Last summer, I got a chance to see the rookies in Vegas, and I was struck how each of them brought something different to the game, something that would separate them from the pack. Whether it was Mickey's ability to quickly react on defense, Rozier's speed off the dribble, or Hunter's outside shooting, they each had a skill they could rely on in the NBA.
But it's difficult to talk about the Celtics 2015 draft class. We just haven't seen them play that much. The team has thrived with continuity from last season and through a combination of depth and relative health, the rookies--and James Young--haven't had a chance to see the floor. There were stretches early in the season where R.J. Hunter was used to stretch the floor. Most recently, Jordan Mickey played some valuable time last week against the Jazz. Oddly enough, it's been Rozier, who was picked ahead of Hunter and Mickey, that hasn't found impactful playing time.
In the meantime, the rookies have been tearing up the D-League, particularly Mickey. Scouts have talked about the 6'8" LSU forward as the league's best young big man and last year's steal of the second round. He's averaged 17 and 10 on 51.8% shooting, but as advertised, it's been his defense that has turned heads, particularly those of opposing players after he sends their shots in the second row. Mickey is averaging a ridiculous 4.6 blocks per game. Sure, it's only 21 games in the D-League, but those are Dikembe Mutombo and David Robinson rim-protecting numbers.
Rozier has been effective in Maine, too. He's averaging 19-6-8 in 14 games with two 29-point efforts under his belt. Not to make too much of D-League stats, but what's been impressive with Rozier and Mickey with the Red Claws is their ability to get to the line. Because of his aggressive game, Rozier averaging 6 FTAs per game. Many saw a lot of Dwyane Wade in Rozier's game coming out of Louisville, and he's delivered with that comp.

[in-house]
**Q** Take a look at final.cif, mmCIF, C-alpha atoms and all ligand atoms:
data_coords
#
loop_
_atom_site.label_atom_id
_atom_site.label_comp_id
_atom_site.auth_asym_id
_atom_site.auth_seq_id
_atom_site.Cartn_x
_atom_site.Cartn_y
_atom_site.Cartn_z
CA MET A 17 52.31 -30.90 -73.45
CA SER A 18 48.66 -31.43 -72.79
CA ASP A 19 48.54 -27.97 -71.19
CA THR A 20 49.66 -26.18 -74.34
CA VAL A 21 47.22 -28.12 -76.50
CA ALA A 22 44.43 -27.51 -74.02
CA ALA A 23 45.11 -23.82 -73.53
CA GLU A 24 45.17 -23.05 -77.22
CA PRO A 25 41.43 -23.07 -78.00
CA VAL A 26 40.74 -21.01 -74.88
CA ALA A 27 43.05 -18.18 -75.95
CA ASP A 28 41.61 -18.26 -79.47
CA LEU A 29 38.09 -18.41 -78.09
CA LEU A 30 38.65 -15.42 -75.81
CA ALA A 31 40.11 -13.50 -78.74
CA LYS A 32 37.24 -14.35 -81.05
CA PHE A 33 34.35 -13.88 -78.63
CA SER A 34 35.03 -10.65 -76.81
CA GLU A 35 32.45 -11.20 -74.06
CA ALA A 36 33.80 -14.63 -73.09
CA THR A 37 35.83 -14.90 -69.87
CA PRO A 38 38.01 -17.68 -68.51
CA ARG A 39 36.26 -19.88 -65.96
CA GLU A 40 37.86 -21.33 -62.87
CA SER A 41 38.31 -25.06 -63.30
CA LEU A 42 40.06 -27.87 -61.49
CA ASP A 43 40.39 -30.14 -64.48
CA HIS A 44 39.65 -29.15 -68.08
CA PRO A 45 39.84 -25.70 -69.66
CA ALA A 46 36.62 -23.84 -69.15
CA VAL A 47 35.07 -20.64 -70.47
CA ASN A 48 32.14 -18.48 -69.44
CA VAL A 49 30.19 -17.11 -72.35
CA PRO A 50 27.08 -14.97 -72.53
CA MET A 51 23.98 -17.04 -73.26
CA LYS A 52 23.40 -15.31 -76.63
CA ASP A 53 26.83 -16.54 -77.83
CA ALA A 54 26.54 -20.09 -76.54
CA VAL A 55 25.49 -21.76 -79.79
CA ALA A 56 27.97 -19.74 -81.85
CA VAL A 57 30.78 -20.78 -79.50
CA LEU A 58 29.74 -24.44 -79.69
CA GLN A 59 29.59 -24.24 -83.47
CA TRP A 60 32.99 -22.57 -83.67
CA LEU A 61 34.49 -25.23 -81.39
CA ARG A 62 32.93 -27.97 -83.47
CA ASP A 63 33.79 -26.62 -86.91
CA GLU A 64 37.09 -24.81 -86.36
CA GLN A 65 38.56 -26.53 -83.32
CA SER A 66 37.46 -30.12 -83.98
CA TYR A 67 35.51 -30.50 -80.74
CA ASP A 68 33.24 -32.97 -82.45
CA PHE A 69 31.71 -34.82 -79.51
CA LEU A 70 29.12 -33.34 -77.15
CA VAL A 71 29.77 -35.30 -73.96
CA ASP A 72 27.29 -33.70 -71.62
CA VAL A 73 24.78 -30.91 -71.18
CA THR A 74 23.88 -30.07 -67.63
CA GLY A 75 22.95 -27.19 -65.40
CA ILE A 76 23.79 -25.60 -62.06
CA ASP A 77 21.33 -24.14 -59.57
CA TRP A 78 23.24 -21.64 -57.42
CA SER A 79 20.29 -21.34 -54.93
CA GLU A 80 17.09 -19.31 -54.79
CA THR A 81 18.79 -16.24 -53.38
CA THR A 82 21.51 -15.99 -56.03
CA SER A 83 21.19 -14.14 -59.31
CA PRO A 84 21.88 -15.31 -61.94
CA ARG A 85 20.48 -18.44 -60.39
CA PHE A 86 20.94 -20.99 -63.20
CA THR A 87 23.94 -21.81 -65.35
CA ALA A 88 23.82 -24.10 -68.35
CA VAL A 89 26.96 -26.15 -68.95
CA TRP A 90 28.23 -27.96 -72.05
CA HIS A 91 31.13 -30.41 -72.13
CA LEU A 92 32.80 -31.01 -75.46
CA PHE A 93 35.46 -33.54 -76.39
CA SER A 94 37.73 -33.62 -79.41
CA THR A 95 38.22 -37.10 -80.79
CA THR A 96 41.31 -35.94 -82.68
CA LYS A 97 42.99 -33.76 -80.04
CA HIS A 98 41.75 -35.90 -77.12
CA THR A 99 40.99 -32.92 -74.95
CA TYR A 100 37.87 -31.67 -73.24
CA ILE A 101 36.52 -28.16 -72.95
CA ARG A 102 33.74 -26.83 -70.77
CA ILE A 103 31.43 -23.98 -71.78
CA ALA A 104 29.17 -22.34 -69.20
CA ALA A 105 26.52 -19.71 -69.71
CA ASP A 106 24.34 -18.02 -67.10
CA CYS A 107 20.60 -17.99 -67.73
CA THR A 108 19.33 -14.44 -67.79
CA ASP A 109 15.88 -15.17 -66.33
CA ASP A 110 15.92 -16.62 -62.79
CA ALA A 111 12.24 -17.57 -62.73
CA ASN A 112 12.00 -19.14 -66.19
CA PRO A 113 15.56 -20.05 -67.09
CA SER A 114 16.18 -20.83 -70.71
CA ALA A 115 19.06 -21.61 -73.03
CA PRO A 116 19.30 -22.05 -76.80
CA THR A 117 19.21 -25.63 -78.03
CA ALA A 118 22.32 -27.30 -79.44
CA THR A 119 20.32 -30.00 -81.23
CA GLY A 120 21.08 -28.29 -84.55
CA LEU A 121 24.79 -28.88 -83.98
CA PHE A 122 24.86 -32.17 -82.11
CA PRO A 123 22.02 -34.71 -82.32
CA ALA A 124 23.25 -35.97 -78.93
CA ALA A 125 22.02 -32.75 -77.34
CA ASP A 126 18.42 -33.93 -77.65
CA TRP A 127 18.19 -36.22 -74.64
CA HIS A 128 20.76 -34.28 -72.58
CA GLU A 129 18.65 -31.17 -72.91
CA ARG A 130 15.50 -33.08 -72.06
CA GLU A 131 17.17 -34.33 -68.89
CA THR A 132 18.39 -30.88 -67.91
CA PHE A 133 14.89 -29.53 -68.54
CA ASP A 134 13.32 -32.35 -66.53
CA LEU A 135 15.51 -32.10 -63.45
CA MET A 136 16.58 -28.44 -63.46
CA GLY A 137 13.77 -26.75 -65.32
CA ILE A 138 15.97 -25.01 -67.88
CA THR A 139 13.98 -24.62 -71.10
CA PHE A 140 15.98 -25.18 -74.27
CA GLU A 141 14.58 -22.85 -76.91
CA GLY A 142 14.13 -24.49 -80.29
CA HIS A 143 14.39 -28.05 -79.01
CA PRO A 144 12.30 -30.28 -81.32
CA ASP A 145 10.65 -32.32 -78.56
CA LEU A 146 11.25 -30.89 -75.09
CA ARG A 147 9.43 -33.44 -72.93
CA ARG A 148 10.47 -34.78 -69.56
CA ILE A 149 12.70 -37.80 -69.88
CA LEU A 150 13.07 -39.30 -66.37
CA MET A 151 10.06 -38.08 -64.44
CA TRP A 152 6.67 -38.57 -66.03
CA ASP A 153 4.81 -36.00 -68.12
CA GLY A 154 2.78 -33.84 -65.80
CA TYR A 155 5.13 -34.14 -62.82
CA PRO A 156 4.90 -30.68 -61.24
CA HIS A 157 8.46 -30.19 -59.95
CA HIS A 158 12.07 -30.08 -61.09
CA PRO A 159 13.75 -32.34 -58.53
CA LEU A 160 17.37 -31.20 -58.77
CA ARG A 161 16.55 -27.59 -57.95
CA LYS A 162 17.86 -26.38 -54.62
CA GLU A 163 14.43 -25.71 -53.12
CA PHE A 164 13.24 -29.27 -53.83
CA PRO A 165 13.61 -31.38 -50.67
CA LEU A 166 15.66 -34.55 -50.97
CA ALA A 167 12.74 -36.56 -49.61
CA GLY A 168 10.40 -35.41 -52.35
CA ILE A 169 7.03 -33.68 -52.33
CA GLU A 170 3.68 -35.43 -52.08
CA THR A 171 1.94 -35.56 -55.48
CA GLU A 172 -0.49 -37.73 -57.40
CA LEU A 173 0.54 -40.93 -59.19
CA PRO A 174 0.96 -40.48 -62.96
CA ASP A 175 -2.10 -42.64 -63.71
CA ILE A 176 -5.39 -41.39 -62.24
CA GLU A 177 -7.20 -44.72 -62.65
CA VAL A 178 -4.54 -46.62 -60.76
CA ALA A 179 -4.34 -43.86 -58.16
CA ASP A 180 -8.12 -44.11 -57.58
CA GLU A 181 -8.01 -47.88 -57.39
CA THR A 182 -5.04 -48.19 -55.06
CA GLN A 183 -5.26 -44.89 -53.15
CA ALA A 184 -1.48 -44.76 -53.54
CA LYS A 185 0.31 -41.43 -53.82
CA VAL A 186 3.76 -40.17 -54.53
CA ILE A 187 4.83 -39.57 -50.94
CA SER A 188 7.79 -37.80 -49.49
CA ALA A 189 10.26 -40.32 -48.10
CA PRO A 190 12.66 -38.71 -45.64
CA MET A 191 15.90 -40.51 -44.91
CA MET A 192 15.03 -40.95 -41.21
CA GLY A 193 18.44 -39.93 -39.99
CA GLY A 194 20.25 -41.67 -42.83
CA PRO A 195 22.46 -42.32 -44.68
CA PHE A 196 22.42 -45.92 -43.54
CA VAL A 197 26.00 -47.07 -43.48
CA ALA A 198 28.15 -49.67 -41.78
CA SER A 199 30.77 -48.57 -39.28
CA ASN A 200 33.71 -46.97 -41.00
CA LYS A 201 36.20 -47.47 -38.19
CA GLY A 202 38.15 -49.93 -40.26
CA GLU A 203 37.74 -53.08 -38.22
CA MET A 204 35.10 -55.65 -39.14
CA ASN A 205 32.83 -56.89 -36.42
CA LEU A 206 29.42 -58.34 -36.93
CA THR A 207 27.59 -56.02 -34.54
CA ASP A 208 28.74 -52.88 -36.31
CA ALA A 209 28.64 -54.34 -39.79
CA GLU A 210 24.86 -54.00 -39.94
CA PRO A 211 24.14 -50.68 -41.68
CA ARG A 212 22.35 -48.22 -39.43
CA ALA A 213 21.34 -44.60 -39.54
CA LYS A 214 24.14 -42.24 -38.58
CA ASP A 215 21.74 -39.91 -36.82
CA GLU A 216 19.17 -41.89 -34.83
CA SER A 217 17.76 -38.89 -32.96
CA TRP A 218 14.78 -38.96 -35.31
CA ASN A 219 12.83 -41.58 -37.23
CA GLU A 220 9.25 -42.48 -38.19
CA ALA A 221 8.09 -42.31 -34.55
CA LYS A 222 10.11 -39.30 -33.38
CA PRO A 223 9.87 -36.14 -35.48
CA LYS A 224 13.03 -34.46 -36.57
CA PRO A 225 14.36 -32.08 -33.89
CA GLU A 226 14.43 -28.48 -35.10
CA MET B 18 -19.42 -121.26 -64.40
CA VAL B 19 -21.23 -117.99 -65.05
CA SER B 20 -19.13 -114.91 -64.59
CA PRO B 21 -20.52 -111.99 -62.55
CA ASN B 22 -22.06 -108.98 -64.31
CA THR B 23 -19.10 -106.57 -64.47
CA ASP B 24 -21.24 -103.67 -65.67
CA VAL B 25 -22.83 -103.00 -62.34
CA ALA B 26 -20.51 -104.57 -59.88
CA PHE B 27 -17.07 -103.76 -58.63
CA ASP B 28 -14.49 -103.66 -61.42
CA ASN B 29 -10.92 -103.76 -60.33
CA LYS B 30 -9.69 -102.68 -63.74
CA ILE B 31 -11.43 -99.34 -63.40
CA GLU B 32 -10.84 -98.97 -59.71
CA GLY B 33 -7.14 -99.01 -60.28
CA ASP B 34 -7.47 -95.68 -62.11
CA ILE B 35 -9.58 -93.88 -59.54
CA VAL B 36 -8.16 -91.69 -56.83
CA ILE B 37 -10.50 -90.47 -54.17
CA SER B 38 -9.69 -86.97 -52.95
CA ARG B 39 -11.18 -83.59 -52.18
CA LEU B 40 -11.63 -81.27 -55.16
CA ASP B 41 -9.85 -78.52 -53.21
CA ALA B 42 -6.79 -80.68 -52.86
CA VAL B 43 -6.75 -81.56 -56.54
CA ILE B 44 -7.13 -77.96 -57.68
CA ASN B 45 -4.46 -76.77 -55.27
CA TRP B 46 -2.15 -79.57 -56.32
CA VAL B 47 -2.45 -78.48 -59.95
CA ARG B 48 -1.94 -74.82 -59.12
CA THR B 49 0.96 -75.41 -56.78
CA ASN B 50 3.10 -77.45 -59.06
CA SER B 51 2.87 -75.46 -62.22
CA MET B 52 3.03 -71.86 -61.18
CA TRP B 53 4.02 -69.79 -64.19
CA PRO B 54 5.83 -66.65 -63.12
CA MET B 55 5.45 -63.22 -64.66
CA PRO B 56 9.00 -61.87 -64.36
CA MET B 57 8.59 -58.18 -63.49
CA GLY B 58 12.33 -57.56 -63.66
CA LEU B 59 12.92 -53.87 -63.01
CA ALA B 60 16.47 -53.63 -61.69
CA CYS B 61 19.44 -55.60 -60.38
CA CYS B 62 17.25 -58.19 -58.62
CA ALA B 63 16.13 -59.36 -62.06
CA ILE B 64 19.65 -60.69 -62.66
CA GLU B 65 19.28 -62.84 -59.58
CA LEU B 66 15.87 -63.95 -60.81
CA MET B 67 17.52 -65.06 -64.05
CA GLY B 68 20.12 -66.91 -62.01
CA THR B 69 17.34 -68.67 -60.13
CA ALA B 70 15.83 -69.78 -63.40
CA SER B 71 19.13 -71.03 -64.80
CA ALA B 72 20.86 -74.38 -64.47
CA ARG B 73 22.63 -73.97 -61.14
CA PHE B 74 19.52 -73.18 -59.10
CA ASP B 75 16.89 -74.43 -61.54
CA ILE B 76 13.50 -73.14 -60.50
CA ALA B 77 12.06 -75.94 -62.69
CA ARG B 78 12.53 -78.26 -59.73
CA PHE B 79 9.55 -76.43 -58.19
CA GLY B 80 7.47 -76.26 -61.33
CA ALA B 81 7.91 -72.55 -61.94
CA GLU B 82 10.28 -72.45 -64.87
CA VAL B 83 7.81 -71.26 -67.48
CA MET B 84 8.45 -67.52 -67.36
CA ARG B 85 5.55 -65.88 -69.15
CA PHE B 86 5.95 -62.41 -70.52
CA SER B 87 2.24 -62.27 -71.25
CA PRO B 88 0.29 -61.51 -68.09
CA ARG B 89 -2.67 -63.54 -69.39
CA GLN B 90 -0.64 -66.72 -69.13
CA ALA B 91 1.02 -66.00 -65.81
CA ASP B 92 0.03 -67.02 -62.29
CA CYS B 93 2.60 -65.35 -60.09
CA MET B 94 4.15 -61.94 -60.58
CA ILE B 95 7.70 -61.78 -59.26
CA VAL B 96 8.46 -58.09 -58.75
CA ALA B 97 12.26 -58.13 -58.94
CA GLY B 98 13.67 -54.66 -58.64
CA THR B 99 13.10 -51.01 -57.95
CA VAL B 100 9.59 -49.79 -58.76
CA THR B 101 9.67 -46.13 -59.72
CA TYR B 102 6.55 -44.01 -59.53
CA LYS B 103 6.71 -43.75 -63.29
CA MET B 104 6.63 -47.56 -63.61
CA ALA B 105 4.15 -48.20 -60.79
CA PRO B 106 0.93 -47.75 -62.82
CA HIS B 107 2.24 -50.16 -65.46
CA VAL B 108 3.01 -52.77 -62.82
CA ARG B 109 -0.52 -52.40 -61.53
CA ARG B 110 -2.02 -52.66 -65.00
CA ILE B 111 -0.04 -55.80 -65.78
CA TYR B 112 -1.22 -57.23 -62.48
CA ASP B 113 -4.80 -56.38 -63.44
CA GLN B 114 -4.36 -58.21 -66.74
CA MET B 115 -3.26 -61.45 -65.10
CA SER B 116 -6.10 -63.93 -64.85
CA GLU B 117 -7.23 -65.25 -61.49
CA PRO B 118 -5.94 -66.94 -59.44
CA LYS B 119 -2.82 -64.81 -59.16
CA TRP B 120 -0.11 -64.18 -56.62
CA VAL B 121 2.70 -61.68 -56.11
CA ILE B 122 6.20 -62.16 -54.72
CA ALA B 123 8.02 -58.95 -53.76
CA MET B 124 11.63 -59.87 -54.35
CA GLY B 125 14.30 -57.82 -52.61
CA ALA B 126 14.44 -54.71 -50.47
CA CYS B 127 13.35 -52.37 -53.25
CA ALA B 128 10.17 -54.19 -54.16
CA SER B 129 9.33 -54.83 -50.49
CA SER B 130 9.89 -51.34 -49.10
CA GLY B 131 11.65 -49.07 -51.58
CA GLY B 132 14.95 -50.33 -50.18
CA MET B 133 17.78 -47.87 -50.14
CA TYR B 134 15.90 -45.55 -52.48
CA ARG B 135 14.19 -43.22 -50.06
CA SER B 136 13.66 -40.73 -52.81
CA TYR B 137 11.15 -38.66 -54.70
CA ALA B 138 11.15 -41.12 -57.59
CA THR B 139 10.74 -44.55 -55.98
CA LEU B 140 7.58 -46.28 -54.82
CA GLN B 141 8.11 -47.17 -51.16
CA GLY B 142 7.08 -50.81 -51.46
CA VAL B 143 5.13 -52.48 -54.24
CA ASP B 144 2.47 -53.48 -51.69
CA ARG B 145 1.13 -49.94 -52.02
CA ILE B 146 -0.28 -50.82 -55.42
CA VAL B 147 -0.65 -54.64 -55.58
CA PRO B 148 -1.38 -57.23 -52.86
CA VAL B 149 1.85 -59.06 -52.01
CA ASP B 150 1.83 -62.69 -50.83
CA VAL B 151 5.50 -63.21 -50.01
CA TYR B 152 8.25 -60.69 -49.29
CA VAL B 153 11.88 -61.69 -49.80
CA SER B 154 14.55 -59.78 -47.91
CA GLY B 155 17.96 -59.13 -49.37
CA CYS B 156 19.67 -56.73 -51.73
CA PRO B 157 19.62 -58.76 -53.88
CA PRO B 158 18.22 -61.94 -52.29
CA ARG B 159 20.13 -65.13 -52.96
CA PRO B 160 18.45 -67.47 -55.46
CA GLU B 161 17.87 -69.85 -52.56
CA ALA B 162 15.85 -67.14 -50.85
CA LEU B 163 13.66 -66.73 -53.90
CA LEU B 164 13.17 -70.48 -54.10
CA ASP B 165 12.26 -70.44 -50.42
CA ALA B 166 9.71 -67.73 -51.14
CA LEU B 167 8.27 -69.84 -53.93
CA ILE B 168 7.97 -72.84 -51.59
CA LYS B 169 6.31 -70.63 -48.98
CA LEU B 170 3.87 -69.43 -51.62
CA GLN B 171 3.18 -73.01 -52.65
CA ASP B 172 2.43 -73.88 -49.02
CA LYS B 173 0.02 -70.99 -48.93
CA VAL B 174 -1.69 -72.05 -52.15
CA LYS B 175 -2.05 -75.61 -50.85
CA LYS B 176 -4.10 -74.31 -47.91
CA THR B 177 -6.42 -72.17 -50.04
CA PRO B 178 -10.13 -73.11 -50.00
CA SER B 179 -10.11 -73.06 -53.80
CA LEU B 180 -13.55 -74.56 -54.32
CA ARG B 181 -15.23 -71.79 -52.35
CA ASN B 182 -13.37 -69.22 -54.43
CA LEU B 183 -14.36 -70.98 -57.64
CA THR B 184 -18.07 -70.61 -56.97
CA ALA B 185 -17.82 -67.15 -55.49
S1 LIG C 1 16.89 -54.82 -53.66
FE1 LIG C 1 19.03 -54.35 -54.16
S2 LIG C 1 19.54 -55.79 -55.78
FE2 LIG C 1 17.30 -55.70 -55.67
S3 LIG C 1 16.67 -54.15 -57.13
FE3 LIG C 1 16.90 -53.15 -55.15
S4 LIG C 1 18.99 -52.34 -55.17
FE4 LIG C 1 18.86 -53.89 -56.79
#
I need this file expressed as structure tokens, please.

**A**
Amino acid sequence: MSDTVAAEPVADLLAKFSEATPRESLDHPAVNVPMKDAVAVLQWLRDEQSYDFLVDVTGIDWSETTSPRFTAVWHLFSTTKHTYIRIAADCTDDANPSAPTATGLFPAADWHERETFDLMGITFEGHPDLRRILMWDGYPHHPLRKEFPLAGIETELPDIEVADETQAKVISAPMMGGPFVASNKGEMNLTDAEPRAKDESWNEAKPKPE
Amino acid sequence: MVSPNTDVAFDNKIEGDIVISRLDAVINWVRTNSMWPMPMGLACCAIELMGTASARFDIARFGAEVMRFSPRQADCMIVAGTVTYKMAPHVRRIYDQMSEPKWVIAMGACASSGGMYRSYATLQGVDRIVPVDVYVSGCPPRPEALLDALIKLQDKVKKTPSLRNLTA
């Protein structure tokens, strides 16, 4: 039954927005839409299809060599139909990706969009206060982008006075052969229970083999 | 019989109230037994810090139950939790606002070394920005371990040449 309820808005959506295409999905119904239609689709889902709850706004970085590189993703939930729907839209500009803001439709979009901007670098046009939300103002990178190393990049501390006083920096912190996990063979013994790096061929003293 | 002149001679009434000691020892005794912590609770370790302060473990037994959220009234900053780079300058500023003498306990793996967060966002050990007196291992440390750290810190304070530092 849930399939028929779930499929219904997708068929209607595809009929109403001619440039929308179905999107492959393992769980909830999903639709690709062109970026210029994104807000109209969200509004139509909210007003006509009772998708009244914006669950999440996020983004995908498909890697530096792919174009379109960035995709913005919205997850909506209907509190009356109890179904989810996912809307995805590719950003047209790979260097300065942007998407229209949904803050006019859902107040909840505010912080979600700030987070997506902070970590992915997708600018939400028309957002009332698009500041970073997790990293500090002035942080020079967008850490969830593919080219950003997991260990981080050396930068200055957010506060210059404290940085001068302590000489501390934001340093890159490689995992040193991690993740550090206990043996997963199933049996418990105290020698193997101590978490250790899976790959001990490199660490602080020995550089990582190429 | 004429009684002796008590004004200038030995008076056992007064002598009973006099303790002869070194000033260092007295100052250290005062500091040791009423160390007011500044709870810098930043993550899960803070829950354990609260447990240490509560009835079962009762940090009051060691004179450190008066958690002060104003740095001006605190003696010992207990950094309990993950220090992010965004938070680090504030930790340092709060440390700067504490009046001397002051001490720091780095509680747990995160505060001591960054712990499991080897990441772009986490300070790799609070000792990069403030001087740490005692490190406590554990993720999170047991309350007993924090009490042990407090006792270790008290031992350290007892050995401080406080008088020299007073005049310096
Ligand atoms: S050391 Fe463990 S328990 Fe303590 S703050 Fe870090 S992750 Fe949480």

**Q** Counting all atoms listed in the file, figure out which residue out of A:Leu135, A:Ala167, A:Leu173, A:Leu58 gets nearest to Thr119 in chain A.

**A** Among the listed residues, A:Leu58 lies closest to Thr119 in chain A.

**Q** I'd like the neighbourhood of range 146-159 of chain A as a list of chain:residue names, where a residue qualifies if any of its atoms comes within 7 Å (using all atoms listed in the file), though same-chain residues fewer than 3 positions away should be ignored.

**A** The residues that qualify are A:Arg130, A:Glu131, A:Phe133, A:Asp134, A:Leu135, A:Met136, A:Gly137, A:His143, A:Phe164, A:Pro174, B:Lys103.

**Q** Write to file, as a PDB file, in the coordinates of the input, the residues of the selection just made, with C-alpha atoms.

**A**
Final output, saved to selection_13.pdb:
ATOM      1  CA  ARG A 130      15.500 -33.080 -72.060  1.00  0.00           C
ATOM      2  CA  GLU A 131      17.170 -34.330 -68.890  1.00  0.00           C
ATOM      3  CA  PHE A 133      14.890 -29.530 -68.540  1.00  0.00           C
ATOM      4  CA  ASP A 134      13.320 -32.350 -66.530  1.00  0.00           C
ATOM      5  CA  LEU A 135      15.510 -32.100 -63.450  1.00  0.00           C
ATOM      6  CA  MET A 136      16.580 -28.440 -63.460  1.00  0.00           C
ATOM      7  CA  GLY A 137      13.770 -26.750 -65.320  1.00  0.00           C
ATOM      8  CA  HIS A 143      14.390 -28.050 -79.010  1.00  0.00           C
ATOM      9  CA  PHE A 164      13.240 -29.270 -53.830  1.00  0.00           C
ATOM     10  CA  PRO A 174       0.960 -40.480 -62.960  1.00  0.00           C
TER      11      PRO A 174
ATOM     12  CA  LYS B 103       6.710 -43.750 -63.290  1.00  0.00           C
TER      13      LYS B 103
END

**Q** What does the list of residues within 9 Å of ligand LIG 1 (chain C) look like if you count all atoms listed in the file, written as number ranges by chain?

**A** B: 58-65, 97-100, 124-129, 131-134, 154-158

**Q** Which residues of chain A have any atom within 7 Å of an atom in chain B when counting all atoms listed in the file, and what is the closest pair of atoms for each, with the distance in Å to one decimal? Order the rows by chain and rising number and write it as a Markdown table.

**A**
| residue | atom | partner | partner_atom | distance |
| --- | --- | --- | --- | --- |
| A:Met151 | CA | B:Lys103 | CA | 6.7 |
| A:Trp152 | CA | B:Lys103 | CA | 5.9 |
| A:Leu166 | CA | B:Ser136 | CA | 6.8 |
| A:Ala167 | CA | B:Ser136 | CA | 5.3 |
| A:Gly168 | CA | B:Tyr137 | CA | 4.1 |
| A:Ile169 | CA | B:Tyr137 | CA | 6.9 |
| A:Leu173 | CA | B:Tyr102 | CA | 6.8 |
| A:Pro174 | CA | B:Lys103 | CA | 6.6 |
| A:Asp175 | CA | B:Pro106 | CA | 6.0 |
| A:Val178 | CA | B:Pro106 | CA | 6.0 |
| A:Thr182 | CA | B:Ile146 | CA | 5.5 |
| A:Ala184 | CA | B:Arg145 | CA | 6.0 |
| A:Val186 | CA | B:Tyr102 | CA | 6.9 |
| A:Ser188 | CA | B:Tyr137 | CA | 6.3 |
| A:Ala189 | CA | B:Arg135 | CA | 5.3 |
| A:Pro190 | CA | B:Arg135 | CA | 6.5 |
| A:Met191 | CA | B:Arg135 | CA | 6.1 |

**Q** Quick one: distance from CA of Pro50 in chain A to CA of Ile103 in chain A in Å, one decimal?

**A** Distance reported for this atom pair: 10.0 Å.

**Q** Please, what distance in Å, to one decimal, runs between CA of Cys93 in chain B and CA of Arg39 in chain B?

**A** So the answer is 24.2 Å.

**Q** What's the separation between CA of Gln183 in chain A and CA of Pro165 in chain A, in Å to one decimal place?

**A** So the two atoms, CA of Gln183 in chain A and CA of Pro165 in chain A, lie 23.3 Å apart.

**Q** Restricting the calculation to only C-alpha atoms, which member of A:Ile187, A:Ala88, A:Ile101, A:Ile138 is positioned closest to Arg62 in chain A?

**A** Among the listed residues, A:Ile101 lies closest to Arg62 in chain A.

Hunter hasn't made the commute up north as much, and maybe that speaks to his below-average production. He's only shooting 30% from the three and has been prone to turnovers, but his reputation of knowing the game as a son of a coach has come through. He's averaging 2.1 steals in 32+ minutes per game.
For now, Rozier, Hunter, and Mickey are just a pretty formidable 3-on-3 team at the Waltham practice facility. You can imagine Rozier and Mickey running high pick-and-roll with Hunter camped out behind the arc. Rozier gets past his defender with Mickey's screen, but Mickey's defender retreats to protect the rim. Mickey flashes for the pass and receives the ball from Rozier. Hunter's defender sinks down to help, but it's too late. Mickey is already hitting Hunter for the open 3.
The three haven't played that much together, but that ATO from last Wednesday's blowout of the Blazers struck me as a use of all their talents. Even though it's Jonas Jerebko that gets the flush, that set doesn't work without the right personnel: Rozier handling the ball and acting as a threat to drive, Hunter spreading the weak side and spacing the floor, and Mickey setting the pick and looking for a drop-off. We'll probably have to wait until next season to see how they fit into the bigger puzzle, but for now, it's good to see them already working together as a team.